5 Common Mistakes Runners Make And How To Fix Them
Everyday runners often make crucial training mistakes that affect their chance of achieving peak condition and performance. Thinking about your training program before you start training is the key.
Here are my 5 tips to help you run and perform at your best.
Starting too fast Those of you going for a long run, 'going out too fast' means that you are starting at pace that is too fast for your current fitness level. For intervals/tempo sessions it means starting the workout to hard and not being able to maintain the pace throughout the intervals. This can lead to shortened workouts and thus risk missing out on the benefits of the session.
SOLUTION - This can easily be fixed by being conservative early and feel your way into intervals and tempo sessions.
Making All Runs "Medium" Running at the same medium pace at all times means that you are failing to gain the benefits of easier long runs or shorter speed work sessions. Every session has a purpose and achieving it requires you adhere to certain run lengths, duration, pace and recovery criteria. For example long runs provide some of the same benefits at an easy pace as at a medium pace. The thing is, at an easy pace you're able to run longer and recover more quickly. All beginner runners should keep to a chat pace during Long Runs.
SOLUTION - Try considering backing off when you feel that you are pushing your legs and/or lungs too hard. If you have to drop behind your training partner or group or run alone that’s fine. Pre-Set a goal pace and challenge yourself to stick to it - no faster.
TIP 3. Neglecting Speed You cannot live on distance alone. Everyone can benefit from speed work. Skipping strength and speed work results in the following:
Atrophy ("wastage") of fast-twitch fibres
Decrease in neuromuscular recruitment and efficiency
Increase in lactic acid build up during high-intensity exercise
Decrease in the body’s ability to neutralise lactic acid build-up
SOLUTION - By simply adding some speed work, hill repeats, form drills, interval or fartlek work to your training you help reinforce muscle-fibre and nervous-system development while at the same time promote more efficient lactic acid removal.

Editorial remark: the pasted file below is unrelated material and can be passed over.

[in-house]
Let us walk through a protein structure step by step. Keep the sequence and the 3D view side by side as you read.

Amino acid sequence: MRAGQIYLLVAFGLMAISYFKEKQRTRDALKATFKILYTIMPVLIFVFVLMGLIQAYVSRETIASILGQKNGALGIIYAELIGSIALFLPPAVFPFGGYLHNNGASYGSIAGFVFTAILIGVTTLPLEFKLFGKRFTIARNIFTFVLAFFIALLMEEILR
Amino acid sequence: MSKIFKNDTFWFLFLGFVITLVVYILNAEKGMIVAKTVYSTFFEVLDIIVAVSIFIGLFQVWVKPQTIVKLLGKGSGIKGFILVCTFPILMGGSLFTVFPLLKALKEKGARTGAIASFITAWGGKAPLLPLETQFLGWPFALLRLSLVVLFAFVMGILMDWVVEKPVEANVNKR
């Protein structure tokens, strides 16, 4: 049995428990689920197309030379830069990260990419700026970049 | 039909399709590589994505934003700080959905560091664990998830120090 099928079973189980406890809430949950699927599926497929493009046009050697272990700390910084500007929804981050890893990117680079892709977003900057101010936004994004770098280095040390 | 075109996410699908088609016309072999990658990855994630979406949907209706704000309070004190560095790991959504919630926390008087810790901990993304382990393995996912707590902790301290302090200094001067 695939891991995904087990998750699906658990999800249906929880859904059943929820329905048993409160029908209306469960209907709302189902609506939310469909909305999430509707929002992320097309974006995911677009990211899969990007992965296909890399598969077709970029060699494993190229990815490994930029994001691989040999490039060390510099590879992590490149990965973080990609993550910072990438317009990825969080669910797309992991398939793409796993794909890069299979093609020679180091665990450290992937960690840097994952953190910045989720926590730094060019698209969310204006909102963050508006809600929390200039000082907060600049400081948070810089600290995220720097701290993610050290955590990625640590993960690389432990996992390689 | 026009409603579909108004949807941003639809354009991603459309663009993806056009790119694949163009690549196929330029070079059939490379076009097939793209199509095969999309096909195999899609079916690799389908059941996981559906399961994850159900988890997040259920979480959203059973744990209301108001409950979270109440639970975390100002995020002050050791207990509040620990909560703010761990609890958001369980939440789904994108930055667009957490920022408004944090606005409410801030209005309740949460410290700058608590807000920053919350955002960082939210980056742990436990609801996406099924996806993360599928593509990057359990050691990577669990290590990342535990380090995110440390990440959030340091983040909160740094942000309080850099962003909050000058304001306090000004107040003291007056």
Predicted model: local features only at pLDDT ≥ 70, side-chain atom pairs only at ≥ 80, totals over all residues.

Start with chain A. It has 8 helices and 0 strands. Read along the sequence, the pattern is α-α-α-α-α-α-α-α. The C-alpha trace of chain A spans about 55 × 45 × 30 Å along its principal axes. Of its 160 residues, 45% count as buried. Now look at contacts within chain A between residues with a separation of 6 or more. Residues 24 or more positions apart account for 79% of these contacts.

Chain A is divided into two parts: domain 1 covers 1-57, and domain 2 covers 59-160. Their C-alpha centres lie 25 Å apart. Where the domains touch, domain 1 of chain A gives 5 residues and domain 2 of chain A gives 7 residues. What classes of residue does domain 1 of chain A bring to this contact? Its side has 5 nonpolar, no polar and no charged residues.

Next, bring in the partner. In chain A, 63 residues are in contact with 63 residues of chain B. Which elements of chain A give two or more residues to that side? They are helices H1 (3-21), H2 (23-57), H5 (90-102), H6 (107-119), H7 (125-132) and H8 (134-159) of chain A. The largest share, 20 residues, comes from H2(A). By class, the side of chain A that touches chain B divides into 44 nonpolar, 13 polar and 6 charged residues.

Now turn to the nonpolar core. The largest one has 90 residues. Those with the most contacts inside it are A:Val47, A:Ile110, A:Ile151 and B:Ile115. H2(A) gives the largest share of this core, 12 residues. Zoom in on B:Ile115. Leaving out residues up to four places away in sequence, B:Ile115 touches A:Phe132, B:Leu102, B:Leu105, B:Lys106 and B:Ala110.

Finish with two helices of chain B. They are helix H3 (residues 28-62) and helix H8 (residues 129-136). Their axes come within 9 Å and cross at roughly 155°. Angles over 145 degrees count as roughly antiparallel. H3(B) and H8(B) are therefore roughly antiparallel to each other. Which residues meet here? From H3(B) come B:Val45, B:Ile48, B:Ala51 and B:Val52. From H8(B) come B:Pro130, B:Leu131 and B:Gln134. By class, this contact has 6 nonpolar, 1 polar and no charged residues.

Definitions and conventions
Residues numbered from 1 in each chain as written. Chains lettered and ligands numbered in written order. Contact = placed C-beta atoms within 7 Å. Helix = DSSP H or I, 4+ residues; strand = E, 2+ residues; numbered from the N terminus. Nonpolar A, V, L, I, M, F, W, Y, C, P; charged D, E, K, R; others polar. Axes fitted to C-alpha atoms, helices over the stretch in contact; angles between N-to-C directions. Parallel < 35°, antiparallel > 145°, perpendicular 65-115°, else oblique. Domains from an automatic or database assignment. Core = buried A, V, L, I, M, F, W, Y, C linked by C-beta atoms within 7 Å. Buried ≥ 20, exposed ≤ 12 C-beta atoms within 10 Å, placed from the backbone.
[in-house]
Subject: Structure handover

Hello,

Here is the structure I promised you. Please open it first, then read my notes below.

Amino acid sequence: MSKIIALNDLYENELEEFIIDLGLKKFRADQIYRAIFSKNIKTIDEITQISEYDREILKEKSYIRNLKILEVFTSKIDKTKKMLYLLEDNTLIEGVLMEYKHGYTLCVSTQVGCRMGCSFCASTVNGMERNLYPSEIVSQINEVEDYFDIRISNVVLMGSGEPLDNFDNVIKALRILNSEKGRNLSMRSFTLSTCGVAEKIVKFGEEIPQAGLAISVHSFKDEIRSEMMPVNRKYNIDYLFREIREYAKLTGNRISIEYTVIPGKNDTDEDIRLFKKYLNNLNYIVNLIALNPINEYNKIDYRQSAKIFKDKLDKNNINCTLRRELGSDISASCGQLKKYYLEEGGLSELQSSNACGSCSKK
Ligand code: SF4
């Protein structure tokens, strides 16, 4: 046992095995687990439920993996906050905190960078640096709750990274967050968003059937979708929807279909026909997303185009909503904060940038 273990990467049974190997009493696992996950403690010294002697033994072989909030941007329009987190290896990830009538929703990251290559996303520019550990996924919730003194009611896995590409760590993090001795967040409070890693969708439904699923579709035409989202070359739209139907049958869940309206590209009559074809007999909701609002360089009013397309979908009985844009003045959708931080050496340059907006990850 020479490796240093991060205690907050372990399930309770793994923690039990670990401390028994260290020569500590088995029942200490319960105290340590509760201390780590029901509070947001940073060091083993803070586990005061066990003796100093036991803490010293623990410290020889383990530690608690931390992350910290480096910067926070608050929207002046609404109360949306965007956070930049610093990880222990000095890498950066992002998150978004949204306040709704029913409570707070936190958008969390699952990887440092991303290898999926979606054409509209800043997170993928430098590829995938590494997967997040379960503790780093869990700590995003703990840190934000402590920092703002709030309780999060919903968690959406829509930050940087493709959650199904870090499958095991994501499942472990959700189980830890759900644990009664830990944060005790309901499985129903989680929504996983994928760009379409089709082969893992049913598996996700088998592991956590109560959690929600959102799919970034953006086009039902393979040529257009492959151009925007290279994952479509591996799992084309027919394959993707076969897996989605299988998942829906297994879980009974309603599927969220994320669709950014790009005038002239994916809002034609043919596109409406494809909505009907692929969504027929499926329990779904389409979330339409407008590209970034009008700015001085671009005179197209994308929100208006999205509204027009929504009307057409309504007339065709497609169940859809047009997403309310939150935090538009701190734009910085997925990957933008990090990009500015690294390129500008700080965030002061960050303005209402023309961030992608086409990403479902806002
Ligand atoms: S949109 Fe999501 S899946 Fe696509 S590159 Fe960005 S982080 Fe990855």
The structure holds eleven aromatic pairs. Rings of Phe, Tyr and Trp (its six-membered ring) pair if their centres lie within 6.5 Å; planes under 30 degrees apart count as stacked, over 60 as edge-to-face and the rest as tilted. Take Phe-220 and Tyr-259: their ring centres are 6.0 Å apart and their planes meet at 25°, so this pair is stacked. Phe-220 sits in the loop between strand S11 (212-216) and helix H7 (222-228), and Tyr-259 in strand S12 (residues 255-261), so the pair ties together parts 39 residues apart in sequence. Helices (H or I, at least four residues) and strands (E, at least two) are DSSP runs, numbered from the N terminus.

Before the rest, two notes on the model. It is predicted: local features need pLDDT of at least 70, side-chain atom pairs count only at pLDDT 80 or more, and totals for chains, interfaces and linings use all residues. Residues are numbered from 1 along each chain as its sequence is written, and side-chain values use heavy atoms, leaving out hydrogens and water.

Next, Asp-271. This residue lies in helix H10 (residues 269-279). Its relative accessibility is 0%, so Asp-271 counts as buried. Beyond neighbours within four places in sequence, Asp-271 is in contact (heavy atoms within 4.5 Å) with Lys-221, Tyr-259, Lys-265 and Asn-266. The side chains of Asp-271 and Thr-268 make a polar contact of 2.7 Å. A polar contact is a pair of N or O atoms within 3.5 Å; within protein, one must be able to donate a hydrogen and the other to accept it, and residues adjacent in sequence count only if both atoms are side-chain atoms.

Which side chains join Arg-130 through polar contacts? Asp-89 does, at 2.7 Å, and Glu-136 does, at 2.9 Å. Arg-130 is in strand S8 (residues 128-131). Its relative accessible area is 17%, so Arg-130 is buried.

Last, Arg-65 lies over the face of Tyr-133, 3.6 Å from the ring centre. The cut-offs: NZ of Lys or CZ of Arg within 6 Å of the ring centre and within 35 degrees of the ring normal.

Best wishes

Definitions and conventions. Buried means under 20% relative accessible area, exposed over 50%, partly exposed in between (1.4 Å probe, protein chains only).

Not Recovering Properly
Many runners fail to realise the value of rest days. They fail to understand that all fitness gains are achieved during recovery. Running damages muscle fibres as well as depleting fuel and hormones. You replace the latter quicker compared to repairing muscle and tissue. Older runners might need as much as twice the recovery time as younger runners between hard workouts.
SOLUTION - The smarter you are in knowing your body and when to factor rest into your training the more chance you have of reducing the risk of any injury.
Delaying Injury Prevention Plans
Injury is a fact of life for most runners. The ideal time to deal with them is before they occur. Yet why do we as runners, wait until the first pinch in our glutes, pain on the outside of our knee or a twinge in our arch to start seeking help? You are only delaying the inevitable!
SOLUTION - I would advise you to reduce injury risk by not pushing all your workouts to breaking point. Hold a little back in reserve. Seeking out advice on what exercises to do to prevent or correct muscle imbalances will also improve performance and also reduce your injury risk. Similarly, factoring in adequate recovery, maintaining hydration and also incorporating strength exercises into your training will also remove the threat of any common running soft tissue or stress related injuries.
If you want to know more or need help with a running goal I am here to help. Call StudioForty6 today!
Tony Giannone - StudioForty6 Run coach. Tony was ranked 3rd in Australia as a junior in the 100 & 200m as well as taking out an Australian 100m title. He was also a starter in the famous Easter Stawell gift.